V. Jesus Christ was very ready to show kindness to the centurion. He presently went with them (Luke 7:6), though he was a Gentile; for is he the Saviour of the Jews only? Isa. he not also of the Gentiles? Yes, of the Gentiles also, Rom. 3:29. The centurion did not think himself worthy to visit Christ (Luke 7:7), yet Christ thought him worthy to be visited by him; for those that humble themselves shall be exalted.

VI. The centurion, when he heard that Christ was doing him the honour to come to his house, gave further proofs both of his humility and of his faith. Thus the graces of the saints are quickened by Christ’s approaches towards them. When he was now not far from the house, and the centurion had notice of it, instead of setting his house in order for his reception, he sends friends to meet him with fresh expressions, 1. Of his humility: “Lord, trouble not thyself, for I am unworthy of such an honour, because I am a Gentile.” This bespeaks not only his low thoughts of himself notwithstanding the greatness of his figure; but his high thoughts of Christ, notwithstanding the meanness of his figure in the world. He knew how to honour a prophet of God, though he was despised and rejected of men. 2. Of his faith: “Lord, trouble not thyself, for I know there is no occasion; thou canst cure my servant without coming under my roof, by that almighty power from which no thought can be withholden. Say, in a word, and my servant shall be healed:” so far was this centurion from Namaan’s fancy, that he should come to him, and stand, and strike his hand over the patient, and so recover him, 2 Kgs. 5:11. He illustrates this faith of his by a comparison taken from his own profession, and is confident that Christ can as easily command away the distemper as he can command any of his soldiers, can as easily send an angel with commission to cure this servant of his as he can send a soldier on an errand, Luke 7:8. Christ has a sovereign power over all the creatures and all their actions, and can change the course of nature as he pleases, can rectify its disorders and repair its decays in human bodies; for all power is given to him.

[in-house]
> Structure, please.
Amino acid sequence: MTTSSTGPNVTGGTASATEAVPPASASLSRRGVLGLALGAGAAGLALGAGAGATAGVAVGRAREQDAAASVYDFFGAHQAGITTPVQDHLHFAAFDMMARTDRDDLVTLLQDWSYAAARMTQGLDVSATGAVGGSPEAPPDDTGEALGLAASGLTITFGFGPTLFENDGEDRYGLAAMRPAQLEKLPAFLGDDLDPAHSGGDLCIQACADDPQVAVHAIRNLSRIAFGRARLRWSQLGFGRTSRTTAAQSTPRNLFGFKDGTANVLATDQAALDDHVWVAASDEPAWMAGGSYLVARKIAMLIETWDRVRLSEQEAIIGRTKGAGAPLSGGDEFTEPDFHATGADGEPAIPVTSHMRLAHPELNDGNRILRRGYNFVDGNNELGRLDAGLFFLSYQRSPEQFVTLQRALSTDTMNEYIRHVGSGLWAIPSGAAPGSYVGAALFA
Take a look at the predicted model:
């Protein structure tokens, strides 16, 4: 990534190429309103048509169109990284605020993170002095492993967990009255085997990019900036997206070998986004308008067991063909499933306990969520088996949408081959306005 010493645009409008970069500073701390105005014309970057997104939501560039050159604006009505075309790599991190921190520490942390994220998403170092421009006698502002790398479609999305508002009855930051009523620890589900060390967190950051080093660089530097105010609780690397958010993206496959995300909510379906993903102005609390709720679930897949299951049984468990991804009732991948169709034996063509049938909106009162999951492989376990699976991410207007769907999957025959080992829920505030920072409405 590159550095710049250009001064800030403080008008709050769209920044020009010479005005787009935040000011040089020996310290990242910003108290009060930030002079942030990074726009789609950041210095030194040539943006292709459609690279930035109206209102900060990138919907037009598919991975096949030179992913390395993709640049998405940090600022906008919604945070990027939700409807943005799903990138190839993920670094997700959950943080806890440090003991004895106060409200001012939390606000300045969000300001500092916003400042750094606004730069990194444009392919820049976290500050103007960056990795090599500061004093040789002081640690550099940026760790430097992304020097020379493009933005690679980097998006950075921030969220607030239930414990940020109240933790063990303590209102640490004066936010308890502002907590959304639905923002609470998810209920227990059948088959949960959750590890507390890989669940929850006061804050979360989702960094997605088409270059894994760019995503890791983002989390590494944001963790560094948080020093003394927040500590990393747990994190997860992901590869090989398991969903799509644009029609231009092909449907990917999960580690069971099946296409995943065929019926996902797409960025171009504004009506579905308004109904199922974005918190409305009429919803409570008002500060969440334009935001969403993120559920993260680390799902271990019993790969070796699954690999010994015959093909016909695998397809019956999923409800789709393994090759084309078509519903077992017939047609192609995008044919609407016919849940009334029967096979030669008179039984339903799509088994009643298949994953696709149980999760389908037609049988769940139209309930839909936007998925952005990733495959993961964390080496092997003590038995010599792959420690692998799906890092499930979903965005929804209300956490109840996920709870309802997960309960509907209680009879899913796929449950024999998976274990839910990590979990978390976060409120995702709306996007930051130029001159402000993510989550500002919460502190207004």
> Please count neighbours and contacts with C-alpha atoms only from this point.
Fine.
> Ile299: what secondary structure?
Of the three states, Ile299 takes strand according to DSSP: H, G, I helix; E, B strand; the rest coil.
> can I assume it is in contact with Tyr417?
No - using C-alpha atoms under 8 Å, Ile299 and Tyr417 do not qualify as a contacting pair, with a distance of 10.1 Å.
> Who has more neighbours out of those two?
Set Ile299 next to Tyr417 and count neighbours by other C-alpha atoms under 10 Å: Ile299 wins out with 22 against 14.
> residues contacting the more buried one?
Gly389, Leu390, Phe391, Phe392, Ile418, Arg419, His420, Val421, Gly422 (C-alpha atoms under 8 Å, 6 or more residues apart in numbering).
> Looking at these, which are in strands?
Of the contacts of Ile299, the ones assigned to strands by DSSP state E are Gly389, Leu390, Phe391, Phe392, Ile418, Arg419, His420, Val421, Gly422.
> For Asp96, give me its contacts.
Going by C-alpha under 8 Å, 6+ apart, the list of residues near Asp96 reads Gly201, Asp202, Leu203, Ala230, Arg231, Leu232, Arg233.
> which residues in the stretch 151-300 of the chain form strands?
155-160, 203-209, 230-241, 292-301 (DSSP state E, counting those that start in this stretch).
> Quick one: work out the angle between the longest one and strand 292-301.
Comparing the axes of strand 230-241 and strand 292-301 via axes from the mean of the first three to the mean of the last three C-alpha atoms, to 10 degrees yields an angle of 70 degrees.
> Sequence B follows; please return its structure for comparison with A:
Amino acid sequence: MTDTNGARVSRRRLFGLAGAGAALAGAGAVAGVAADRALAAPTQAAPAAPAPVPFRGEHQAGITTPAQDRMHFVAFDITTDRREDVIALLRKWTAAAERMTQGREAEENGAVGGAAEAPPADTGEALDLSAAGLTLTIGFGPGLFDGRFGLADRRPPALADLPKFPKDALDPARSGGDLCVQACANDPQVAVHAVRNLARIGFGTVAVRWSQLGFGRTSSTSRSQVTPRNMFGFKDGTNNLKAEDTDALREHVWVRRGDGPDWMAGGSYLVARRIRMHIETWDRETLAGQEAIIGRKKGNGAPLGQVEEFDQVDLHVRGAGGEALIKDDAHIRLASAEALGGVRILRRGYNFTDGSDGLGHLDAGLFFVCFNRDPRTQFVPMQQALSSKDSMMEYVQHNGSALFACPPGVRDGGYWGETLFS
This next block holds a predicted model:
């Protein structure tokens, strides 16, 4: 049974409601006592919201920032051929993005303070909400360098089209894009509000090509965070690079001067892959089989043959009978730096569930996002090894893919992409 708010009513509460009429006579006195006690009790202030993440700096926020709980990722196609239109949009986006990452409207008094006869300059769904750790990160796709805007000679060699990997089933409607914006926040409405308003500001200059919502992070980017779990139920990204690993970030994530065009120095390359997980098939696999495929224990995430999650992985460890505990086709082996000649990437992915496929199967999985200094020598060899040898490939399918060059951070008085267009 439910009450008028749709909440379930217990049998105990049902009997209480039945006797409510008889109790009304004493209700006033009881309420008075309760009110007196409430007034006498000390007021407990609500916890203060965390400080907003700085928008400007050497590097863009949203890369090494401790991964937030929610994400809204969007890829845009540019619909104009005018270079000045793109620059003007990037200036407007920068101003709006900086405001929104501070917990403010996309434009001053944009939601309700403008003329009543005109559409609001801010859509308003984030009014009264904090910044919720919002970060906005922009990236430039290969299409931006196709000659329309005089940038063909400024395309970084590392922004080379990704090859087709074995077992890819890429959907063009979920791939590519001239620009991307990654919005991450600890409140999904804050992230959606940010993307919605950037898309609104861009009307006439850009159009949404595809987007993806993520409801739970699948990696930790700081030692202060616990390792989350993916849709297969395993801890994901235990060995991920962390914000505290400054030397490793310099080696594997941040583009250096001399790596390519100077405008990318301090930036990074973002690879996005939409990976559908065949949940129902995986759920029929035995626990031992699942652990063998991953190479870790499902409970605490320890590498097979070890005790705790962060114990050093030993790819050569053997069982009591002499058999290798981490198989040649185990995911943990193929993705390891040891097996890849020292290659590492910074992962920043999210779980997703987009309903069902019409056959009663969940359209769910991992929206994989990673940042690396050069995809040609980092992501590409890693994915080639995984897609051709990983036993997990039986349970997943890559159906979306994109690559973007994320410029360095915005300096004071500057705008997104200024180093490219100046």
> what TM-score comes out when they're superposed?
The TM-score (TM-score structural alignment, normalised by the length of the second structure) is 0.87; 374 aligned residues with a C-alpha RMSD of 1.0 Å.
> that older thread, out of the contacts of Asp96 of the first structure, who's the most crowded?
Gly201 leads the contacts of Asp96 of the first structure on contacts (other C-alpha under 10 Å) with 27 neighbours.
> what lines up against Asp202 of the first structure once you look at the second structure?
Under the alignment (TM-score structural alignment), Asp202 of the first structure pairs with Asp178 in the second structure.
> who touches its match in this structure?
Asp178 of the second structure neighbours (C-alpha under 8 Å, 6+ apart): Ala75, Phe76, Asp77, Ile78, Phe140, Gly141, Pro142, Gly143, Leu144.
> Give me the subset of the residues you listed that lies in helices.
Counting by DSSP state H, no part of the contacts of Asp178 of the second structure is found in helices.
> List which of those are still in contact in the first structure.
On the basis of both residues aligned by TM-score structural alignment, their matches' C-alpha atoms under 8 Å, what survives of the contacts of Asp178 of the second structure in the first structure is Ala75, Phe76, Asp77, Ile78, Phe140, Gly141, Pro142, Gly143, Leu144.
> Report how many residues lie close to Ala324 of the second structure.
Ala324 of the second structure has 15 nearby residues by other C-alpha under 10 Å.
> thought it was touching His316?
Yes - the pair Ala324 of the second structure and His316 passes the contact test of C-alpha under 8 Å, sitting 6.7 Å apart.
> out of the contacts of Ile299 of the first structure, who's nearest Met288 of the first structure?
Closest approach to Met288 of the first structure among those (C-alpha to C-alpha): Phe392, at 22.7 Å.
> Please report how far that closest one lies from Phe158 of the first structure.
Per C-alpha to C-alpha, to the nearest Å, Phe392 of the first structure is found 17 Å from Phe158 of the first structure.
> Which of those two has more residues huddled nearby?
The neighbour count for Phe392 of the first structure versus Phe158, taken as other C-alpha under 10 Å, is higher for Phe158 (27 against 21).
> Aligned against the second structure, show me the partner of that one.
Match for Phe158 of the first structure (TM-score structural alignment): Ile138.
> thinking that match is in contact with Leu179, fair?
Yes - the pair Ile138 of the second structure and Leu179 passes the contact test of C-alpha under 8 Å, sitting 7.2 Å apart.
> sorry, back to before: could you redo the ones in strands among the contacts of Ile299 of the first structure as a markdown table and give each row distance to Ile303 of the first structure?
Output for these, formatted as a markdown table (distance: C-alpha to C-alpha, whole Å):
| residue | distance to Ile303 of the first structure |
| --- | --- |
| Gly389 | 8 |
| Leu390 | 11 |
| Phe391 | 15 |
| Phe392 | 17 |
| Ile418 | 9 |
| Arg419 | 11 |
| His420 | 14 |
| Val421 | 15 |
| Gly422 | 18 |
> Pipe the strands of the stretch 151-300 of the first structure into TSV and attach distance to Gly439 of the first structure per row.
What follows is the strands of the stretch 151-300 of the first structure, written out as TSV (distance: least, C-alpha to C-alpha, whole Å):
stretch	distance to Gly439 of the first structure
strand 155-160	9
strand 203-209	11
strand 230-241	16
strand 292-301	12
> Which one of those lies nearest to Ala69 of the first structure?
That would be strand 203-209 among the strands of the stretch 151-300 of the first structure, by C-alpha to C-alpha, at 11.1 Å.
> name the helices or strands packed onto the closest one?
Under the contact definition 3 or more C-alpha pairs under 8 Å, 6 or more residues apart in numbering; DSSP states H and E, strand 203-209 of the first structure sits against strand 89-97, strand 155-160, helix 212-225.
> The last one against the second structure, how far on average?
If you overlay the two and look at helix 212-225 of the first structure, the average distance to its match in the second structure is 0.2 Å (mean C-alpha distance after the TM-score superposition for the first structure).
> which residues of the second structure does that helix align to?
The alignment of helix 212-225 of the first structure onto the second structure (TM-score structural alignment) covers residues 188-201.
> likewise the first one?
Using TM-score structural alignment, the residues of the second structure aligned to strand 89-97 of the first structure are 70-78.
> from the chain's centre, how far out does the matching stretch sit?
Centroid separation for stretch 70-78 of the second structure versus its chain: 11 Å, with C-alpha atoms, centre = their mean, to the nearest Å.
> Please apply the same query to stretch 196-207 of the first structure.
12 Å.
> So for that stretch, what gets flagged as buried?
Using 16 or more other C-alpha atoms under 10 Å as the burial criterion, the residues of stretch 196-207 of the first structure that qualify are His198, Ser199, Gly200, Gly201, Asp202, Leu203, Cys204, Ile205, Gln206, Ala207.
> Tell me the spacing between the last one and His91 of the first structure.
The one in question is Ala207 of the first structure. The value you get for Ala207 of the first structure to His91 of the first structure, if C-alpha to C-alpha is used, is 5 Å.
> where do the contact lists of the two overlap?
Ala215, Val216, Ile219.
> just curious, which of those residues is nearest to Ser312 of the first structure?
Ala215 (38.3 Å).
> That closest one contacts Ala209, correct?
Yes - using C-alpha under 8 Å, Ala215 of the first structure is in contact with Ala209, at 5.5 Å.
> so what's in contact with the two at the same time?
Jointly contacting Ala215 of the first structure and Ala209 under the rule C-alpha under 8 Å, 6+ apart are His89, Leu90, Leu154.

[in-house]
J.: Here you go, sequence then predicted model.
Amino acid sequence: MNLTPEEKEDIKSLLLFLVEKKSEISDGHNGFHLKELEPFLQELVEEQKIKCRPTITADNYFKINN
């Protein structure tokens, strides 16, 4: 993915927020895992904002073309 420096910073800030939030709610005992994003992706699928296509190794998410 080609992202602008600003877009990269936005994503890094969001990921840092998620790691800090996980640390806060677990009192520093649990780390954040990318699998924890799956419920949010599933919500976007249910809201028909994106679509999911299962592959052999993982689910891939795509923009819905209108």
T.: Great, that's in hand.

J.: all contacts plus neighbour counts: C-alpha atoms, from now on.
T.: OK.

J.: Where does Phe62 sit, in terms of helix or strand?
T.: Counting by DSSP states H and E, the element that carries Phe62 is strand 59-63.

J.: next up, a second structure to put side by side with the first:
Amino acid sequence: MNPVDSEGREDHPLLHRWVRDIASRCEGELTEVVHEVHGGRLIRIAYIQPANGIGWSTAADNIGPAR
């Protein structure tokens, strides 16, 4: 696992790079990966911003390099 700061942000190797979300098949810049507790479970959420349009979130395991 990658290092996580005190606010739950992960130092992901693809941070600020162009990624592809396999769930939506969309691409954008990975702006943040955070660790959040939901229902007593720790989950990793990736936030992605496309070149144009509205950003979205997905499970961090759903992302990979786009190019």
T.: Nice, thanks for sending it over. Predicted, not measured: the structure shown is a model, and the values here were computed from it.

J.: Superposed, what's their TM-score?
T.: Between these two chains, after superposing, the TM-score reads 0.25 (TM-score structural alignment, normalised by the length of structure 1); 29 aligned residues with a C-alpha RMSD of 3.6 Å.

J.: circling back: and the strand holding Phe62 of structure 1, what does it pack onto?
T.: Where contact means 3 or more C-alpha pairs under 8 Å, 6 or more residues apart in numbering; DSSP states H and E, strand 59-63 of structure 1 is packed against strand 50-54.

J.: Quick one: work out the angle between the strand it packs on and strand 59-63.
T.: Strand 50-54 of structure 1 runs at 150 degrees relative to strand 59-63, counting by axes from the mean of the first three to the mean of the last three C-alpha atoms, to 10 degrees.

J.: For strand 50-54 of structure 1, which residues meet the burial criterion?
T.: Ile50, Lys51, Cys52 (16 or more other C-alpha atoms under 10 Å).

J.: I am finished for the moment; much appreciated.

VII. Our Lord Jesus was wonderfully well pleased with the faith of the centurion, and the more surprised at it because he was a Gentile; and, the centurion’s faith having thus honoured Christ, see how he honoured it (Luke 7:9): He turned him about, as one amazed, and said to the people that followed him, I have not found so great faith, no not in Israel. Note, Christ will have those that follow him to observe and take notice of the great examples of faith that are sometimes set before them—especially when any such are found among those that do not follow Christ so closely as they do in profession—that we may be shamed by the strength of their faith out of the weakness and waverings of ours.

VIII. The cure was presently and perfectly wrought (Luke 7:10). They that were sent knew they had their errand, and therefore went back, and found the servant well, and under no remains at all of his distemper. Christ will take cognizance of the distressed case of poor servants, and be ready to relieve them; for there is no respect of persons with him. Nor are the Gentiles excluded from the benefit of his grace; nay, this was a specimen of that much greater faith which would be found among the Gentiles, when the gospel should be published, than among the Jews.